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80219-0017 - Saintly Courtesan


Outside Meiji 1900s Kokkei Shimbun

Illustration of an oiran courtesan who is reading a letter, likely a love letter from an admirer, while sitting on a white elephant who holds a chochin lantern up with his trunk to provide lighting.

As the title of the card is Bodhisattva (菩薩), the courtesan is being compared with the bodhisattva Fugen (普賢), usually shown mounted on a white elephant.

In Japanese Buddhism, Fugen teaches that action and behavior are just as important as thought and meditation. People should diligently practice charity, moral conduct, patience, and devotion. The elephant symbolizes the power of Buddhism to overcome all obstacles.

Postcard published by the Kokkei Shimbun (滑稽新聞社発行) in 1907 (Meiji 40). The satirical publication was founded in 1901 (Meiji 34) by Osaka-based journalist Miyatake Gaikotsu (宮武外骨, 1867-1955) whose real name was Kameshiro Miyatake (宮武龜四郎).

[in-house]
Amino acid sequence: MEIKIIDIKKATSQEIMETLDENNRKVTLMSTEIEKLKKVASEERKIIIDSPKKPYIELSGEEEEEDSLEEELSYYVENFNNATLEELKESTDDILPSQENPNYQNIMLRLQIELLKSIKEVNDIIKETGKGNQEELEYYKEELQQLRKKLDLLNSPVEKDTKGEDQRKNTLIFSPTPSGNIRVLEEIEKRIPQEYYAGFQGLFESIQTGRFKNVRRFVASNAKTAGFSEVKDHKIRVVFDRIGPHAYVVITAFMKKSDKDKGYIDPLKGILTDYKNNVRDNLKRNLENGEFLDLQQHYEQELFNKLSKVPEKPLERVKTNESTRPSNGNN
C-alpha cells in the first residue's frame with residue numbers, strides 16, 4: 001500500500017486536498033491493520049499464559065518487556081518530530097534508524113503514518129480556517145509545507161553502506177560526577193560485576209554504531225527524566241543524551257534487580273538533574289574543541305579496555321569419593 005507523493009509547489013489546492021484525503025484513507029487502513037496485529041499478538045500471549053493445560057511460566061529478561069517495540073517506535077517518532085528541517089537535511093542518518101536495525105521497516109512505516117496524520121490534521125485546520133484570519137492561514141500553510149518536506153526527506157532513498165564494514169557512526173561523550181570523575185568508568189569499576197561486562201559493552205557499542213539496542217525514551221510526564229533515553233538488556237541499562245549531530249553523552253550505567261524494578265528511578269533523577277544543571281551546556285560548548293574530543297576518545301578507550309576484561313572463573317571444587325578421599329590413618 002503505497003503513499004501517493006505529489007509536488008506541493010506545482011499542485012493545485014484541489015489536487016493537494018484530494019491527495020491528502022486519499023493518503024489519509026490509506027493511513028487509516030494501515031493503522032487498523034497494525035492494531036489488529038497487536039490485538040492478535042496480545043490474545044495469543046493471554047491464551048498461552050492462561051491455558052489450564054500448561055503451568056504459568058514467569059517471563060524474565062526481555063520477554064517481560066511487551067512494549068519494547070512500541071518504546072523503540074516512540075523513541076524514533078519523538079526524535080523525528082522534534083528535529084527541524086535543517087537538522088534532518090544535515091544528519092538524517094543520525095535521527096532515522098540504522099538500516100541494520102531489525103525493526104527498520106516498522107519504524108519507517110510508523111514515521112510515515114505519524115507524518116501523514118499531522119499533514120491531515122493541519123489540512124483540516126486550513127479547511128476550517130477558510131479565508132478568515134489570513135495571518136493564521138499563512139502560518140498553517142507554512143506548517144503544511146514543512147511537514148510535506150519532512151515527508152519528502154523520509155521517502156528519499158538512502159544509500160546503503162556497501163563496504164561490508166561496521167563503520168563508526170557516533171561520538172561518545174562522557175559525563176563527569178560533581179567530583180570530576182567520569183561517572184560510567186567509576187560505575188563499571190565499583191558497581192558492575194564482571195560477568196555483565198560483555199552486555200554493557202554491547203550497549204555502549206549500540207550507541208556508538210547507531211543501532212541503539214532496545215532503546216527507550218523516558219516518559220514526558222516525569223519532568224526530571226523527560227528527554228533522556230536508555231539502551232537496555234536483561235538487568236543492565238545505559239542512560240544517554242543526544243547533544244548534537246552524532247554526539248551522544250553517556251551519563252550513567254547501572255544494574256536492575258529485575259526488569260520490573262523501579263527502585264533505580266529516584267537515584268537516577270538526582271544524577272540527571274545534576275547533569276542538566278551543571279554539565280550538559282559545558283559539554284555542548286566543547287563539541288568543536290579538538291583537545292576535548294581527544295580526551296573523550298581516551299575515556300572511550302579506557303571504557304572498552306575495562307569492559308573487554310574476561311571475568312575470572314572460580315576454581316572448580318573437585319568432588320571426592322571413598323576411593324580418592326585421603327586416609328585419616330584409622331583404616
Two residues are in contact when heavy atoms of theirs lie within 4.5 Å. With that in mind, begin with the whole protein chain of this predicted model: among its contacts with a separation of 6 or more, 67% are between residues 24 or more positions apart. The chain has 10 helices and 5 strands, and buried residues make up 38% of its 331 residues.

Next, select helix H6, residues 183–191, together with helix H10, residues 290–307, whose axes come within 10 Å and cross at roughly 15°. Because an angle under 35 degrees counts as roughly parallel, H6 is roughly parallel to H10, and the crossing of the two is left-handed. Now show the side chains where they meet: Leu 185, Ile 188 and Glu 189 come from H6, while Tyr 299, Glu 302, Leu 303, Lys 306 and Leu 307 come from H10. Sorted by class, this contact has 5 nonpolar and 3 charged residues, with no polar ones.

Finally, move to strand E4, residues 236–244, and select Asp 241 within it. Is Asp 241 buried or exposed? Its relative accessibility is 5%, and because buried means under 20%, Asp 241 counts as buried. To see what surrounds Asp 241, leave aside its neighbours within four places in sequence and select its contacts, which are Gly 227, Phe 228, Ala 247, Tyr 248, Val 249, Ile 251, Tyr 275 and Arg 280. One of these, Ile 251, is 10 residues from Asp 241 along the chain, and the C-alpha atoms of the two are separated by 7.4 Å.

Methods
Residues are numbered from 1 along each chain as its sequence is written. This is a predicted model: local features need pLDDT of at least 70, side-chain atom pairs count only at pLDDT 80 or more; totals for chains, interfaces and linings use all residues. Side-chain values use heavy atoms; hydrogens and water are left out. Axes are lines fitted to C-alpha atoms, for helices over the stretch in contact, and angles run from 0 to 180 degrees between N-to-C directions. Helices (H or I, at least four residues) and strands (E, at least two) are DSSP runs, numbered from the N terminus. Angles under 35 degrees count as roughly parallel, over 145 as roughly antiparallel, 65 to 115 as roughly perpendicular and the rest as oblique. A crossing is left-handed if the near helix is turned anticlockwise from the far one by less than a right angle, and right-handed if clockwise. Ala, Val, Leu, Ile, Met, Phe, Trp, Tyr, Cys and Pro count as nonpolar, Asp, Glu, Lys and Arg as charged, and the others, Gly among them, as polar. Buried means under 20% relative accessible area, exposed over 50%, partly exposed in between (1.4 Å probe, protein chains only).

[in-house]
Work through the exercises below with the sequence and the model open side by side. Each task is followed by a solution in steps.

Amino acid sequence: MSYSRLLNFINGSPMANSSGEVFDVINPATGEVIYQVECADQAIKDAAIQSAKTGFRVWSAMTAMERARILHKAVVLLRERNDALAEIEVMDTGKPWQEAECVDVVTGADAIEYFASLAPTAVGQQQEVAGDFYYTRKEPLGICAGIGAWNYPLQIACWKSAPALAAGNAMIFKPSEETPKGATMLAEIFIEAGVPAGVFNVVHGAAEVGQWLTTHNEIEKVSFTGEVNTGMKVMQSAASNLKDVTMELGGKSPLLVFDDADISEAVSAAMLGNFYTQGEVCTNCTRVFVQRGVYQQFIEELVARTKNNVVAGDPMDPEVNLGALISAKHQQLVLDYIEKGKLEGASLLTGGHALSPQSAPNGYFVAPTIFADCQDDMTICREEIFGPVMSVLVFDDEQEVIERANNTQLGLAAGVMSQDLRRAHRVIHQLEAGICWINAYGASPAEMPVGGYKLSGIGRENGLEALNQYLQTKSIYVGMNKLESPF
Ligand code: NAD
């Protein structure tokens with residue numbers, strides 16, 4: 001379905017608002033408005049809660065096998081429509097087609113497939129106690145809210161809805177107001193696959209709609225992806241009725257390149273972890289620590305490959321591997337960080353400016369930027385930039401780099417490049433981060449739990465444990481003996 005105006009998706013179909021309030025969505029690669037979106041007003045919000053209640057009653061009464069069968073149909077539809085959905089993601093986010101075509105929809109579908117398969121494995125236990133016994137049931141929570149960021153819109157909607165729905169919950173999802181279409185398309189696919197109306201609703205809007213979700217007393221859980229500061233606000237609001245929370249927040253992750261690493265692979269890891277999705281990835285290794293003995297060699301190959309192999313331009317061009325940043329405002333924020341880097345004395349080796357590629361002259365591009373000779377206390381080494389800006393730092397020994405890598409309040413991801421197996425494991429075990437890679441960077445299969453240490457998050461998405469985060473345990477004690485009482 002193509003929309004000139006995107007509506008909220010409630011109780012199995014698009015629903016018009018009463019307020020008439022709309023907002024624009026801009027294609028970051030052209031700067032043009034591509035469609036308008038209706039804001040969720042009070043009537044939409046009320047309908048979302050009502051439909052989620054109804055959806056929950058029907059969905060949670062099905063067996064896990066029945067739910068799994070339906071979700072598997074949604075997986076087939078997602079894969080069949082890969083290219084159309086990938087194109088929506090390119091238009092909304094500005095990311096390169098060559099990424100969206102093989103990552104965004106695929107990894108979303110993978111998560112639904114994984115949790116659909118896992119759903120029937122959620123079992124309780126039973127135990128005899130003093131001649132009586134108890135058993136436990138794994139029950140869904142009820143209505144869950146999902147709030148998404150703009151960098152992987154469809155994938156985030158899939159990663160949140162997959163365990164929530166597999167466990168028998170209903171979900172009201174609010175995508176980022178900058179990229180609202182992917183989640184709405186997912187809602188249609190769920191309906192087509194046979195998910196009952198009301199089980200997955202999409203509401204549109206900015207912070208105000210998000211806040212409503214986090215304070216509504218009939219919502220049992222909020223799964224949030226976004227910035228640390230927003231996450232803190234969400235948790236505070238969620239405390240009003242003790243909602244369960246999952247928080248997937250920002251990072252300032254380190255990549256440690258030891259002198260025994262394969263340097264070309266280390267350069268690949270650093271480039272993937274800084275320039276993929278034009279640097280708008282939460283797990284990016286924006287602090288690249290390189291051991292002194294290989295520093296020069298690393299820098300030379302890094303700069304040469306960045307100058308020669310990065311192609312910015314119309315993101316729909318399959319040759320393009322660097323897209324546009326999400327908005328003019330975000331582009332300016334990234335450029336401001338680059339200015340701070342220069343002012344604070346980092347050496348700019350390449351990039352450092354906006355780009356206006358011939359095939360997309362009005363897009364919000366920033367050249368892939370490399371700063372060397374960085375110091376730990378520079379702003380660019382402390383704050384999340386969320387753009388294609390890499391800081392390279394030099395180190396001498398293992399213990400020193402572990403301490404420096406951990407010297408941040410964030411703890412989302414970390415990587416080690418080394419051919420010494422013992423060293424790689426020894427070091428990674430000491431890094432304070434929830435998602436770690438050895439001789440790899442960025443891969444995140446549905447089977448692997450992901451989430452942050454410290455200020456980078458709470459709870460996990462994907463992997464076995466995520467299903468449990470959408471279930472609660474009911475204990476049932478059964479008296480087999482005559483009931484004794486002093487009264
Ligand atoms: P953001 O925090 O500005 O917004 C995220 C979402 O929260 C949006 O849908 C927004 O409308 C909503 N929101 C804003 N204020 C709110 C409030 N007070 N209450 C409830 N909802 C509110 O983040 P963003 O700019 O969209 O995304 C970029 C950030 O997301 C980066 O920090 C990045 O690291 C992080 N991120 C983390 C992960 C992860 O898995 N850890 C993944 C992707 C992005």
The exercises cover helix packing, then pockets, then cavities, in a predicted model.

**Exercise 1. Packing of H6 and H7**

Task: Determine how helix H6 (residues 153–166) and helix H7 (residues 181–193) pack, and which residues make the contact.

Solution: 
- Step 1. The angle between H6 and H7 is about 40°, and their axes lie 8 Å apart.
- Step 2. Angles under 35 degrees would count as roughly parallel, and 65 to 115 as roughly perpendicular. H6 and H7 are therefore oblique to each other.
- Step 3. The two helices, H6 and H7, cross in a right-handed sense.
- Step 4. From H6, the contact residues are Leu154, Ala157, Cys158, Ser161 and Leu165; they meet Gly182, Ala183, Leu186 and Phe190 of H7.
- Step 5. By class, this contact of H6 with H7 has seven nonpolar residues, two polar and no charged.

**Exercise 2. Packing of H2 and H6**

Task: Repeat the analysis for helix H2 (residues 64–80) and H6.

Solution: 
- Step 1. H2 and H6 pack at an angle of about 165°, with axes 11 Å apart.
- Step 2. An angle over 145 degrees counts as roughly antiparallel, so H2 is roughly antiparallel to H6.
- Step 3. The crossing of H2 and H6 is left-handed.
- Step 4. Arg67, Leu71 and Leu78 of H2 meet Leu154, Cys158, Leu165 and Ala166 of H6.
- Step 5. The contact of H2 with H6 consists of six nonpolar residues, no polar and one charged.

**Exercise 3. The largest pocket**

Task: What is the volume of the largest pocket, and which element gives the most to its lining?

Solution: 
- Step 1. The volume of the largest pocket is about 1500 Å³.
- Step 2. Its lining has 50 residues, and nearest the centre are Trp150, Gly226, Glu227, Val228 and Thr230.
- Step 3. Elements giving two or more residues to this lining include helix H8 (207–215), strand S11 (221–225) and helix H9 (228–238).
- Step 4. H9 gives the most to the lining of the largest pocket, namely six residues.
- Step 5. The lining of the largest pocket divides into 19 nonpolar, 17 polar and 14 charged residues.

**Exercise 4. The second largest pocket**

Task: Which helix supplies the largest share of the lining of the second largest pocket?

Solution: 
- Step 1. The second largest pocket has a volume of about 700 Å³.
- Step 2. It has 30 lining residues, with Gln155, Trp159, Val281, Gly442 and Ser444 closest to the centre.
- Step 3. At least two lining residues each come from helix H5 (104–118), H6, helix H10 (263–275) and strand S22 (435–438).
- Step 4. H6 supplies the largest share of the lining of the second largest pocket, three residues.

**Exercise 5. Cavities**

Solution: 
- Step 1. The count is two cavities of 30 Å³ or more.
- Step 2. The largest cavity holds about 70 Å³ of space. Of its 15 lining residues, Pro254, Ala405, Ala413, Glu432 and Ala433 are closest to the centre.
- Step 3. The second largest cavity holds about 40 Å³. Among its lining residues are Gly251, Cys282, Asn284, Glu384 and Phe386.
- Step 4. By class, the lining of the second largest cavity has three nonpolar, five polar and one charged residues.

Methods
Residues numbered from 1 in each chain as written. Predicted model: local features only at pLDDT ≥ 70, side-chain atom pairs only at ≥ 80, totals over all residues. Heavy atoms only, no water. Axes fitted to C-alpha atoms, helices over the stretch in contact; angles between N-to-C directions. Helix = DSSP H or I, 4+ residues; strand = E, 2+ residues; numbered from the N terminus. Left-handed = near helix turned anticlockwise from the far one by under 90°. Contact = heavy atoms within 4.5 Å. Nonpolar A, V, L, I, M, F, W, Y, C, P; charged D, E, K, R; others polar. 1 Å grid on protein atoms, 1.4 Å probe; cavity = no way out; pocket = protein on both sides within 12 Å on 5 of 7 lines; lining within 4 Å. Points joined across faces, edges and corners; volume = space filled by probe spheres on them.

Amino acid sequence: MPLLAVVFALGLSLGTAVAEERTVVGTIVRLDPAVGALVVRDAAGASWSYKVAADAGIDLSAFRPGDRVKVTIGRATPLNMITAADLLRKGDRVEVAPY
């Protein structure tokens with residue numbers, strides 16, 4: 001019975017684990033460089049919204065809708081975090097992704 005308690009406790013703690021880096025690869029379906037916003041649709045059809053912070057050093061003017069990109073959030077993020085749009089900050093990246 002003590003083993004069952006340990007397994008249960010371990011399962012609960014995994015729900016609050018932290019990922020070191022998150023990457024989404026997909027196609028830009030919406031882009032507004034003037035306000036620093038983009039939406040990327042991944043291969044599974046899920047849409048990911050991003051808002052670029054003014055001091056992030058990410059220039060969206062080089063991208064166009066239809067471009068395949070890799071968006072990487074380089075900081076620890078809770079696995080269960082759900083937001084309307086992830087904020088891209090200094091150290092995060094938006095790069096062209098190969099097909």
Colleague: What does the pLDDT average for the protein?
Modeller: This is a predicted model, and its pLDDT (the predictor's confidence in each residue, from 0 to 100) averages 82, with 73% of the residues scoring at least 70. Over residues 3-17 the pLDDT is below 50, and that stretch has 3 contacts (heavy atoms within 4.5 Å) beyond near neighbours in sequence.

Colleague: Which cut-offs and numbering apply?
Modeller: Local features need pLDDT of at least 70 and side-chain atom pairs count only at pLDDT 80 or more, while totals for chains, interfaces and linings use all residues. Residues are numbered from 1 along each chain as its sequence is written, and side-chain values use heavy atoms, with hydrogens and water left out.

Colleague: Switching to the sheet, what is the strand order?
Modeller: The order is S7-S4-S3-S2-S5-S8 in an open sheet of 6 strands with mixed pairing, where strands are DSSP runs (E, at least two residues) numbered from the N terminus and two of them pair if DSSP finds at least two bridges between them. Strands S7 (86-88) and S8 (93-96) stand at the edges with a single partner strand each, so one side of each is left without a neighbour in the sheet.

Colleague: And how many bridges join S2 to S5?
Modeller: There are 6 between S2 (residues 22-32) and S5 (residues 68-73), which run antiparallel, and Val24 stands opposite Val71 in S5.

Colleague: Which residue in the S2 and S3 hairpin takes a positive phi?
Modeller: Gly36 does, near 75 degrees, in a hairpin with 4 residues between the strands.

Between May 1907 and June 1909 (Meiji 42), Kokkei Shimbun featured a supplement named Ehagaki Sekai (絵葉書世界, The World of Illustrated Postcards). Each issue contained 30 postcards, many giving salty social commentary. In total 26 issues were published, this card was published in Volume 2.

Under pressure from the authorities, Miyatake shut down the Kokkei Shimbun in 1909, ending it with a “Suicide Issue.”

Title: 菩薩 (Bosatsu) — Bodhisattva; one who has reached enlightenment

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Ehagaki Sekai, Ehagaki Sekai Volume 2, Kokkei Shimbun, Miyatake Gaikotsu, Oiran, Tayuu, animals, chochin, clothing, customs, elephants, fashion, hairstyles, humor, kimono, lanterns, people, prostitutes, prostitution, reading, women
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